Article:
Schoolcraft agreed to check in to a nearby hospital (Forest Hills) for high blood pressure. When paramedics said they were taking him to Jamaica Hospital, he said he was refusing medical attention (‘RMA’). Marino said: ‘Listen to me, they are going to treat you like an EDP [emotionally disturbed person]. Now, you have a choice. You get up like a man and put your shoes on and walk into that bus, or they’re going to treat you as an EDP and that means handcuffs.’ Marino eventually ordered, ‘Just take him. I can’t f—— stand him anymore.’ The police found and confiscated one tape recorder, but the other one kept rolling.

Schoolcraft was involuntarily committed to a psychiatric ward in Jamaica Hospital Medical Center. He was handcuffed tightly to a bed and prevented from using a telephone, by orders of police who were present. An officer told the hospital that police had ‘followed him home and he had barricaded himself, and the door had to be broken to get to him.’ Schoolcraft’s father eventually located and retrieved his son. The family received a medical bill of $7,185.

The hospital’s report states: ‘He is coherent, relevant with goal directed speech and good eye contact. … His memory and concentration is intact. He is alert and oriented’ but ‘his insight and judgment are impaired.’ The report also says: ‘He expressed questionable paranoid ideas of conspiracy and cover-ups going [on] in the precinct. Since then, he started collecting ‘evidence’ to ‘prove his point’ and became suspicious ‘They are after him.” After discharge, Schoolcraft was suspended from the force and stopped receiving a paycheck. Police officers visited his house regularly in the following weeks to harass him.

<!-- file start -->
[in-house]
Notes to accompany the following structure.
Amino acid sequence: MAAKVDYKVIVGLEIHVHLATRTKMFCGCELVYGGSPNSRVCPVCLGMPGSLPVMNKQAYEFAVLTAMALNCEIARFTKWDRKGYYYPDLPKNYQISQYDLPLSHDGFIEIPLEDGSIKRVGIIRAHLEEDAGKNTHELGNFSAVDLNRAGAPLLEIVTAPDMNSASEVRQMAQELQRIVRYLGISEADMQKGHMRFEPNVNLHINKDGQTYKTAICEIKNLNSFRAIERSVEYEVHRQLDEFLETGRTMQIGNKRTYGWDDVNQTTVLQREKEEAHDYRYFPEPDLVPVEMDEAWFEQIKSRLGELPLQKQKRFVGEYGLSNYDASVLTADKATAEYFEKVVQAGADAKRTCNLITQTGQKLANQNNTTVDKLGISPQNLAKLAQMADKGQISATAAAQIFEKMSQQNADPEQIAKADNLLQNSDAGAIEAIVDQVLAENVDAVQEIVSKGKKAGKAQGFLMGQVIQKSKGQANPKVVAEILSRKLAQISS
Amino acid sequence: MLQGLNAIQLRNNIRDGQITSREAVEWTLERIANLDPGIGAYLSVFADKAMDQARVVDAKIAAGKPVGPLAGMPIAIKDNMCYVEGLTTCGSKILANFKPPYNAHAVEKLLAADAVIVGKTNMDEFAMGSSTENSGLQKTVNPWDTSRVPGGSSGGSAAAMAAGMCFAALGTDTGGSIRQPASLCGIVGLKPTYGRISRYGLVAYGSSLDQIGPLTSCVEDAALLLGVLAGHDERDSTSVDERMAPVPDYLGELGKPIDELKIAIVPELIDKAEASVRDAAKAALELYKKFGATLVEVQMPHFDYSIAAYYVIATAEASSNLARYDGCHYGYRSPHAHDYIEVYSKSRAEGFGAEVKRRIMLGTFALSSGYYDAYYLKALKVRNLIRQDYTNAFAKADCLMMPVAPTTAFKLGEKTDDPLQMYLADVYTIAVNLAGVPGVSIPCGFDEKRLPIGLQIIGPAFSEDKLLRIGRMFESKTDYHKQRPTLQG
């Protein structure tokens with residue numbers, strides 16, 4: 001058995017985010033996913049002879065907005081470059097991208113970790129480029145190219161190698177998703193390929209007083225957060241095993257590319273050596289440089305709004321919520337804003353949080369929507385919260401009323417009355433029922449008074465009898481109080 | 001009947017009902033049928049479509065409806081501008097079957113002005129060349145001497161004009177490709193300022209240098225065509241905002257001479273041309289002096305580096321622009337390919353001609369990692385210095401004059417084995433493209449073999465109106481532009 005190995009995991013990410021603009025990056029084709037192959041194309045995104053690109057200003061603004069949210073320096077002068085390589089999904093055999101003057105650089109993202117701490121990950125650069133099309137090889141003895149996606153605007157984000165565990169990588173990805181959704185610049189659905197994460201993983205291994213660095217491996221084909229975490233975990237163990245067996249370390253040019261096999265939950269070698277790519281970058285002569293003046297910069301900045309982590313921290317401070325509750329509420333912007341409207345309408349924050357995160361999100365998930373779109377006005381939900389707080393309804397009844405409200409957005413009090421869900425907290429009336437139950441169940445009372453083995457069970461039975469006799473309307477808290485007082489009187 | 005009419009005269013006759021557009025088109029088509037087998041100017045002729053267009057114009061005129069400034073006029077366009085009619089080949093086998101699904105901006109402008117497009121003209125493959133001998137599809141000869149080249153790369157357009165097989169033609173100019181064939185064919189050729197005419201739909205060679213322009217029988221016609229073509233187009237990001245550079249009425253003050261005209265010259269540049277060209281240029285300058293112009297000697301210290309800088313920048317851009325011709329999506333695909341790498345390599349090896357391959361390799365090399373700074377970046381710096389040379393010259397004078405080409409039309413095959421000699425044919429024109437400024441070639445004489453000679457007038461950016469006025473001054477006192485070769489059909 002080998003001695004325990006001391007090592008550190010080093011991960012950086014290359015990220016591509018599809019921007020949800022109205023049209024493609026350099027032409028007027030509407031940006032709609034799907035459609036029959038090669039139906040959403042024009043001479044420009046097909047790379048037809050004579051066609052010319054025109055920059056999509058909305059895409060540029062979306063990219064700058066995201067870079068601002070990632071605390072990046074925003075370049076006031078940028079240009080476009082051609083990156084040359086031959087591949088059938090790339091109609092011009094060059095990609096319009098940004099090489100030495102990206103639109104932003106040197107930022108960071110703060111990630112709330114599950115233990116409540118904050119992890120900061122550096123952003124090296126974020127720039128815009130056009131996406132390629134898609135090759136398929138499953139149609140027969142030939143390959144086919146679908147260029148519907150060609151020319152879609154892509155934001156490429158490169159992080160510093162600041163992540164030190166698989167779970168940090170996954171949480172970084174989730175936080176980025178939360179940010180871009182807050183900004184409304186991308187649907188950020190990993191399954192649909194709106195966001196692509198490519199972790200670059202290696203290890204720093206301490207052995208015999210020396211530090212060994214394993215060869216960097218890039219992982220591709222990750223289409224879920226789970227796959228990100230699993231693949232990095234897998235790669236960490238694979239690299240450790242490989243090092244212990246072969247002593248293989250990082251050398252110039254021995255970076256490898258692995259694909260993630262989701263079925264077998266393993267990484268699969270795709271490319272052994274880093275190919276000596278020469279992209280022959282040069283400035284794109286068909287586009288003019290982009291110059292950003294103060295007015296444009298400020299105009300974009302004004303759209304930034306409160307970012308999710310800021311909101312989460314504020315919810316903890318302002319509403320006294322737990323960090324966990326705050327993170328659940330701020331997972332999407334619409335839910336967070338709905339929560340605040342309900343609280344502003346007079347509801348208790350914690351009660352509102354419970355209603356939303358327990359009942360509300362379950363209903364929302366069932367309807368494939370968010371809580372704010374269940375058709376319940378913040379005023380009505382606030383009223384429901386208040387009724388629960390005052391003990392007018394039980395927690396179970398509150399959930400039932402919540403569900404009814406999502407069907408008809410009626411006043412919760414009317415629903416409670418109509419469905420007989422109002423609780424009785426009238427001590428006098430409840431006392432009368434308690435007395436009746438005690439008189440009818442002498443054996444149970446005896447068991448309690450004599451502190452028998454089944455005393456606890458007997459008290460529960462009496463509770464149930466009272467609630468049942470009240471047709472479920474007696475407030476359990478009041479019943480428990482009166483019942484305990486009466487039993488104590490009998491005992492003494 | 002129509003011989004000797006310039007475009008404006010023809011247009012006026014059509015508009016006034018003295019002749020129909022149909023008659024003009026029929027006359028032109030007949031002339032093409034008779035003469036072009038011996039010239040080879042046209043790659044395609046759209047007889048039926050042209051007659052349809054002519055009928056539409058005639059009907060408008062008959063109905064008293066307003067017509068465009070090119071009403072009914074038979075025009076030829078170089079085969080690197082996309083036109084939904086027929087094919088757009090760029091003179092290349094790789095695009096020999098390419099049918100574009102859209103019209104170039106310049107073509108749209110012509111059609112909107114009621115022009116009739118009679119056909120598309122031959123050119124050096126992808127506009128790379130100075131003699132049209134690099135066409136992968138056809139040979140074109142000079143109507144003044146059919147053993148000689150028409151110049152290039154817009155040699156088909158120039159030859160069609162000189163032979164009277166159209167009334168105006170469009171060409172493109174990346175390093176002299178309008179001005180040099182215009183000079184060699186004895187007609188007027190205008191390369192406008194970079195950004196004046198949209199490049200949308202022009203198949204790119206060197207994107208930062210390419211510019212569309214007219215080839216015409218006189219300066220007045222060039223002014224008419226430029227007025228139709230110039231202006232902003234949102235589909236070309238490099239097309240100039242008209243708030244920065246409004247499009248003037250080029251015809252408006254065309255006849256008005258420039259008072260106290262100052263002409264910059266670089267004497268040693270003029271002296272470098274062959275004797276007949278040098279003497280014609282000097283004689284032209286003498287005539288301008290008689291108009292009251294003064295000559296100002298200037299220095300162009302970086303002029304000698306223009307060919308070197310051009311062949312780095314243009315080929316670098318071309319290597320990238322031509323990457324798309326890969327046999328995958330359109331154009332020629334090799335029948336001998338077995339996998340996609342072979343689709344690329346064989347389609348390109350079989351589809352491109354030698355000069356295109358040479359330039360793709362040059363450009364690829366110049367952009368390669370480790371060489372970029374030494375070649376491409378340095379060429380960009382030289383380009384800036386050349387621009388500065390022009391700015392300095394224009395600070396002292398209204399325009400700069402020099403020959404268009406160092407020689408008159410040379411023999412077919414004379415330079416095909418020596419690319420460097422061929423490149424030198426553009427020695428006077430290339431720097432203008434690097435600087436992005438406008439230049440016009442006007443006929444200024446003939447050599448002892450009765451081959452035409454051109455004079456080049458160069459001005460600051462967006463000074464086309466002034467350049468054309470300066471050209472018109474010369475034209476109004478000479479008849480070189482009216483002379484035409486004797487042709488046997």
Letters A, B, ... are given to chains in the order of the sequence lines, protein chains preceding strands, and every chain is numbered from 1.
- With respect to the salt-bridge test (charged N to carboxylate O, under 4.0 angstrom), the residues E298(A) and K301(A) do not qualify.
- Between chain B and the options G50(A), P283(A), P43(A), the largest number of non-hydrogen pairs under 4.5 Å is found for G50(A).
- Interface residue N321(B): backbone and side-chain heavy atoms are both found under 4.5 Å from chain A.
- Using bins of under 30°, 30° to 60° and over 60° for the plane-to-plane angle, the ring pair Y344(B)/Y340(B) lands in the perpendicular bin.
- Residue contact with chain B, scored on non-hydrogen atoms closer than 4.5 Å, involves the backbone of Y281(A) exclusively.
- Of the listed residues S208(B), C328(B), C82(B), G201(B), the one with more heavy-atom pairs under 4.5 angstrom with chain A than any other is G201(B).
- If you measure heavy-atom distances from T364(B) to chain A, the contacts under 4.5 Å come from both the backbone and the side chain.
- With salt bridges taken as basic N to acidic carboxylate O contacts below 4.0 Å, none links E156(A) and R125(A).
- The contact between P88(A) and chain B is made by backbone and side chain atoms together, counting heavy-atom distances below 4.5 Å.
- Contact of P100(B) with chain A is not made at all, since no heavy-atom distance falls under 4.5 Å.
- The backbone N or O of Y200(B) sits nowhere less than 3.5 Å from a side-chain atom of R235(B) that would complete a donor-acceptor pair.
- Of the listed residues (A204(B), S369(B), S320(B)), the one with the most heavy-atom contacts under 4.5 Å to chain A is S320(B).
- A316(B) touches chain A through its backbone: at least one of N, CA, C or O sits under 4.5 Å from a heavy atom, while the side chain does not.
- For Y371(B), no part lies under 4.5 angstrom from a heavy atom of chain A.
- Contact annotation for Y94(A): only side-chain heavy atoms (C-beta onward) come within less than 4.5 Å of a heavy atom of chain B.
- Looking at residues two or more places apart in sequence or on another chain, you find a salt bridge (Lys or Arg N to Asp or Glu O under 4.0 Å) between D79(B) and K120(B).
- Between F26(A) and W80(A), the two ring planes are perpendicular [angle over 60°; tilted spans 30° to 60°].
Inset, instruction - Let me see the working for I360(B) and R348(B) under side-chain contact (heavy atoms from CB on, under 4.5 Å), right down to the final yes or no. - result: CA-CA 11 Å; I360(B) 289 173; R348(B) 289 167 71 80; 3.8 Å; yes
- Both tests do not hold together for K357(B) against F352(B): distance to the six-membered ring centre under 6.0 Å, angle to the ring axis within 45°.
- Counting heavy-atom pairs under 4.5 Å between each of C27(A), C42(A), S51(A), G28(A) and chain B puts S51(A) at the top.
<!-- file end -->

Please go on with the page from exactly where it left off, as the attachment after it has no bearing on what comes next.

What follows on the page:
In 2010 Schoolcraft released his recordings to the ‘Village Voice.’ In the analysis of Graham Rayman, writing for the Voice, the pressure to arrest had major effects in the 81st precinct, including: A ninefold increase in ‘stop-and-frisk’ events; arrests on trivial charges, such as a person not displaying identification several feet away from their own house; entire groups of people arrested without charges, simply for congregating on street corners (often ordered directly by precinct commander Steven Mauriello and known as ‘Mauriello specials’); and a functional 8:30 PM curfew. ‘After 8:30, it’s all on me and my officers, and we’re undermanned,’ Mauriello was recorded as saying. ‘The good people go inside. The others stay outside.’

Rayman quotes retired NYPD detective Marquez Claxton: ‘The Police Department is using these numbers to portray themselves as being effective. In portraying that illusion, they have pushed these illegal quotas which force police officers to engage in illegal acts.’ Rayman said the aggressive tactics were related to understaffing on the force. He wrote: a ‘typical day in the 81st Precinct had only three to nine officers patrolling the streets in an area of more than 60,000 people.’ Understaffing also led officers to work more overtime hours, earning more money but also becoming emotionally and physically exhausted.